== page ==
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Paleontologists identify oldest horned dinosaur in North America

Paleontologists have identified the fossil of a horned dinosaur the size of a house cat that is the oldest of its kind ever discovered in North America - by 15 million years.

The skull and the jaw of Aquilops americanus were found by Scott Madsen back in 1997 in what is called the Cloverly Formation of southern Montana. It languished for years before they published findings recognizing it as being a milestone artifact.

"Scott initially thought it was generic, plant-eating dinosaur but it turned out it was one of these early horned dinosaurs. That is a really exciting find," said Andrew Farke, a paleontologist with Raymond M. Alf Museum of Paleontology and a co-author on a study in PLOS One Wednesday that described the discovery.

"Up to this point, all that was known for horned dinosaurs were just isolated teeth and fragment bones," he said. "This new find is the first one that allows us to say exactly what kinds of horned dinosaurs lived in North America about 108 million years ago."

"This guy is the beginning of the story in North America," said James I. Kirkland, the state paleontologist at the Utah Geological Survey who was not part of the study.

Scott Nichols

Aquilops thrived during the early parts of the Cretaceous period, which ran from 145.5 million years ago to 65.5 million years ago. This was a time when horned dinosaurs became commonplace and when many insect groups, modern mammals and bird groups flourished. The Cretaceous period ended when Earth was struck by what is believed to be an asteroid.

Farke said Aquilops was a plant-eater which measured about 2-feet-long, weighed about 3.5 pounds.

"It was about size of a raven," Farke told CBS News. "You could hold the animal pretty comfortably in your arms. The fossil skull would fit very comfortably in your hand."

Kirkland was struck by how much smaller Aquilops was than horned dinosaurs that came later like Zuniceratops - which a team he was on discovered - and Diabloceratops. Some of the later animals, he said, were often as big as bison and were infamous traveling in herds of thousands and "mowing down the landscape."

In addition to offering evidence that these creatures inhabited North America earlier than previously thought, the bones may shed light on how they got here.

Similar horned dinosaurs which date to earlier in the Cretaceous have been found in Asia.

In his study, Farke concluded that the discovery of Aquilops in North America "adds unambiguous support" to the theory that dinosaurs migrated from Asia to North America between 113 million and 105 million years ago. It also, he argued, evidences "a complex set of migratory events for organisms between North American and Asia later in the Cretaceous."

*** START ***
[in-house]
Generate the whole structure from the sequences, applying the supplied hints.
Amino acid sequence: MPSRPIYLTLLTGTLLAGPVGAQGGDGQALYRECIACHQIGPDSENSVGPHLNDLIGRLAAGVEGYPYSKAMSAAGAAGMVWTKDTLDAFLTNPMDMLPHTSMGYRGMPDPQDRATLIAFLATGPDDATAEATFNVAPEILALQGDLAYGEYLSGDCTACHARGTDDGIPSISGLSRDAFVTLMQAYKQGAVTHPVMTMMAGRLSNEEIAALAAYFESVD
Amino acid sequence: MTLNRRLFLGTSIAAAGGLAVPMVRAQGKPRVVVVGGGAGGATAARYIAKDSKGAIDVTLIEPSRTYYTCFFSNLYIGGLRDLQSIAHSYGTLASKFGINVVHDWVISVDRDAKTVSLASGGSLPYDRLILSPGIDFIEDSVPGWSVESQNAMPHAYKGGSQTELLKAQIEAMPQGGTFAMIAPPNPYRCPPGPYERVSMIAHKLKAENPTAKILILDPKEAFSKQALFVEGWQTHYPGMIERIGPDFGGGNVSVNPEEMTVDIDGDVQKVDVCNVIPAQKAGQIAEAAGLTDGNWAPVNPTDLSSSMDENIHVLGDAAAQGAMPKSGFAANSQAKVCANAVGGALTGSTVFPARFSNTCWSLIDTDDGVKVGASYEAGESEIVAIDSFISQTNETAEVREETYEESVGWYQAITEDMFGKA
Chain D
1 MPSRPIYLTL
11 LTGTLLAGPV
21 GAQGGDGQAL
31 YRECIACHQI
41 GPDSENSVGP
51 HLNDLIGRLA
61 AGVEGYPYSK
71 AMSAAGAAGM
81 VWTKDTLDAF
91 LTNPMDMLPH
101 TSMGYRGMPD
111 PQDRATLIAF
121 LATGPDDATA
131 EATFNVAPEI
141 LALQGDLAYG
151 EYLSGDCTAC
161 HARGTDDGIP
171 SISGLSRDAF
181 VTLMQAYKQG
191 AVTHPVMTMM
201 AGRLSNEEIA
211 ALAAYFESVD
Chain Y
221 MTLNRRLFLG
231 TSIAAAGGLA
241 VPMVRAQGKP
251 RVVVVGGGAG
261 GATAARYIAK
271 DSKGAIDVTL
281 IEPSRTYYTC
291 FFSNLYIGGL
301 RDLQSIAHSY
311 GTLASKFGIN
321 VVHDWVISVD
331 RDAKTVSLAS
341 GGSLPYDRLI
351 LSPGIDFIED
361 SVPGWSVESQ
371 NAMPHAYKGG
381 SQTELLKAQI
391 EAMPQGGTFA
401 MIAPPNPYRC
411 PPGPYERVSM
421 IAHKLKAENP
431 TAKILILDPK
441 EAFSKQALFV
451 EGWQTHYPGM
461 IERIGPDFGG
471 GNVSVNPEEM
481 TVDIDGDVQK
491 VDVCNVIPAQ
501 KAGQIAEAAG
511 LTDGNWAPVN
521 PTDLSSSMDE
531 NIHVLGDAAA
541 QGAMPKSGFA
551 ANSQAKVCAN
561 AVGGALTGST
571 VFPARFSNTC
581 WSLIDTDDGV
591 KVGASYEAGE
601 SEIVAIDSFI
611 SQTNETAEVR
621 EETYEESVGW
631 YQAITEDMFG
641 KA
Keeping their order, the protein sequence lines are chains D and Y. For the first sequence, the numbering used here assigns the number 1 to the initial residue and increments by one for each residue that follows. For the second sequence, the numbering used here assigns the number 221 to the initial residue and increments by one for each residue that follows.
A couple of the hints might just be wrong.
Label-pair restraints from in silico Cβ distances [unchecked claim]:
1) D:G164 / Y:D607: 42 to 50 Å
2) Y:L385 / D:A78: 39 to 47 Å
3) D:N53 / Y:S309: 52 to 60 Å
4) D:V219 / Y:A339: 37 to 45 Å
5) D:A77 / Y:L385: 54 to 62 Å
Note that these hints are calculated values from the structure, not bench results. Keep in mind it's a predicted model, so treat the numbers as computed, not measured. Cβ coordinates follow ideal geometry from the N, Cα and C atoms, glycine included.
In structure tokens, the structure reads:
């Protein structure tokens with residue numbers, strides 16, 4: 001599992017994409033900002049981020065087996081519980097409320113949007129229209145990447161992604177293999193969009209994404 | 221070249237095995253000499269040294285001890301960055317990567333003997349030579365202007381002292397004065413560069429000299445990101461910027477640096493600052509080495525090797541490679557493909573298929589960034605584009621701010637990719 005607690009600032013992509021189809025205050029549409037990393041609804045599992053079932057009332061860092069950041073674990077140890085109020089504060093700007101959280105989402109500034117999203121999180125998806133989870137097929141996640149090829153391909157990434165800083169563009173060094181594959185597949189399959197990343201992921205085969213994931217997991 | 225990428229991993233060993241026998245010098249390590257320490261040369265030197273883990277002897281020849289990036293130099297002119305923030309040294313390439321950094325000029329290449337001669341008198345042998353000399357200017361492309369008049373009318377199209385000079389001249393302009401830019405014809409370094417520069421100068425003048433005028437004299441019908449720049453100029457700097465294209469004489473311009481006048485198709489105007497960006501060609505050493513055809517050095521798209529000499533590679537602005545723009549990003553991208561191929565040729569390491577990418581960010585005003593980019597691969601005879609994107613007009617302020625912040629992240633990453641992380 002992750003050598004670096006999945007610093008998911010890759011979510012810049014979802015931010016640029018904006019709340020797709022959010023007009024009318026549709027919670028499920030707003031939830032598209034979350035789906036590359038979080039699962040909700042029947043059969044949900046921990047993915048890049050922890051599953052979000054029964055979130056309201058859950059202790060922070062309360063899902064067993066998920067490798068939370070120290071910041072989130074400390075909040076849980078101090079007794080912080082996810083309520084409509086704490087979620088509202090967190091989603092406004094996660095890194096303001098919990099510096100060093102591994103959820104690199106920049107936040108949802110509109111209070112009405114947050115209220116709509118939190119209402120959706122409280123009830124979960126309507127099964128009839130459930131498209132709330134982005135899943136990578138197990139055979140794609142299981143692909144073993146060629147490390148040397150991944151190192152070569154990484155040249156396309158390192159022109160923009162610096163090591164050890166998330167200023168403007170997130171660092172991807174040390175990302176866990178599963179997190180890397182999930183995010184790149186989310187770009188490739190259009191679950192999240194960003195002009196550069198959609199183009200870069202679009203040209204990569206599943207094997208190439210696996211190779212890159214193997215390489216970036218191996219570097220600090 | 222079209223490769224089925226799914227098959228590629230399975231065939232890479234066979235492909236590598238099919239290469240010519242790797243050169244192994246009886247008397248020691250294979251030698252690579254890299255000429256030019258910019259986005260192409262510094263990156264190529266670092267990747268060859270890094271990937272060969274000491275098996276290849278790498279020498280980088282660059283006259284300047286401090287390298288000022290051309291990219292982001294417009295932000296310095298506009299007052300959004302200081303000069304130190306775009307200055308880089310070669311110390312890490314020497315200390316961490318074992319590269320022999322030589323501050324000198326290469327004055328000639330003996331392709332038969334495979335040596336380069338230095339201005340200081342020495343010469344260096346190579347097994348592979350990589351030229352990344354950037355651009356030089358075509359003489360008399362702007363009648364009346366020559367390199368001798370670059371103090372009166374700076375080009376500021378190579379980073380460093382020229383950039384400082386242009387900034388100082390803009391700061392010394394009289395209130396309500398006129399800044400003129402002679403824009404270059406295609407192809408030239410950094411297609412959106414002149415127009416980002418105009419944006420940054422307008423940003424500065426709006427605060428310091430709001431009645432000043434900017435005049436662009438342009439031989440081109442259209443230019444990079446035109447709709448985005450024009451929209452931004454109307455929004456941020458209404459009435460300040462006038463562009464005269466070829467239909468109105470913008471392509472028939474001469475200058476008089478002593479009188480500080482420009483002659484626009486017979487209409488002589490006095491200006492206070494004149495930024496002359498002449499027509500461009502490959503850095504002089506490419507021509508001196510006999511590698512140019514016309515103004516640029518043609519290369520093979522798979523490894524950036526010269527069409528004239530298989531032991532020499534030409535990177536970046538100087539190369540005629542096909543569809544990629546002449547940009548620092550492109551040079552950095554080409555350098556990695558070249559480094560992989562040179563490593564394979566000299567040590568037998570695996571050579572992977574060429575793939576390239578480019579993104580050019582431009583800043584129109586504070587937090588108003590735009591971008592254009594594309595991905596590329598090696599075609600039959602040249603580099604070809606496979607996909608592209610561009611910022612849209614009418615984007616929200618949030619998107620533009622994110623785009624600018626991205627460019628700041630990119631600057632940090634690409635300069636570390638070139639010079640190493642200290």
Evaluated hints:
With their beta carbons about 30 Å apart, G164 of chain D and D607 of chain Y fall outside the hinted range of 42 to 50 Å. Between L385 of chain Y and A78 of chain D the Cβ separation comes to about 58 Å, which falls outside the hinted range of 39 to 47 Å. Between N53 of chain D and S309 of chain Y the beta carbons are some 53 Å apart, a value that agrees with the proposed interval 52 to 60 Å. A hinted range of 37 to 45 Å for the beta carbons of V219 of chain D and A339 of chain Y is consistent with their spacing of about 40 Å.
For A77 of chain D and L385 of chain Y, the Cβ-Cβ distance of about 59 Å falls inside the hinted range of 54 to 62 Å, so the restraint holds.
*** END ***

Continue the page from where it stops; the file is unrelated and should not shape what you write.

Copyright Brian Engh, courtesy of Raymond M. Alf Museum of Paleontology

This was a period when the continents were beginning to reach their modern position. As a result, this could have allowed animals to cross from Asia, through Siberia, into Alaska and then down into North America.

"There was an influx of animals from Asia probably related to changes in ocean levels which would have opened up land bridges between some continents," Farke said.

But Kirkland said he is not convinced that Aquilops is enough to prove animals were coming from Asia to North America at that time. He said it was probably more likely they came from Europe, since he believes "these little animals were all across the northern hemisphere."

"The problem is that there wasn't really any Alaska then. It was island floating in the Pacific," he said of suggestions that animals would have made their way through Alaska to North America. "We don't have that land bridge at that point."

Following this discovery, Farke said it is likely paleontologists will now go in search of other horned-dinosaurs fossils to further understand how they evolved.

"There is about a 15 to 20 million year gap where we don't know what kind of horned dinosaurs were living in North America," Farke said. "Maybe that is when the ancestors of animals like Triceratops would have come to North America."

Kirkland agreed, saying it would be ideal to find more fossils to go with horned dinosaur teeth that have been discovered and dated to around 98 million years ago.

"I would love to find the animal that goes with those teeth. It is quite a bit bigger," he said. "I would be very interested in seeing what that animal looked and what it was doing. Did it have horns on its head? We don't know."

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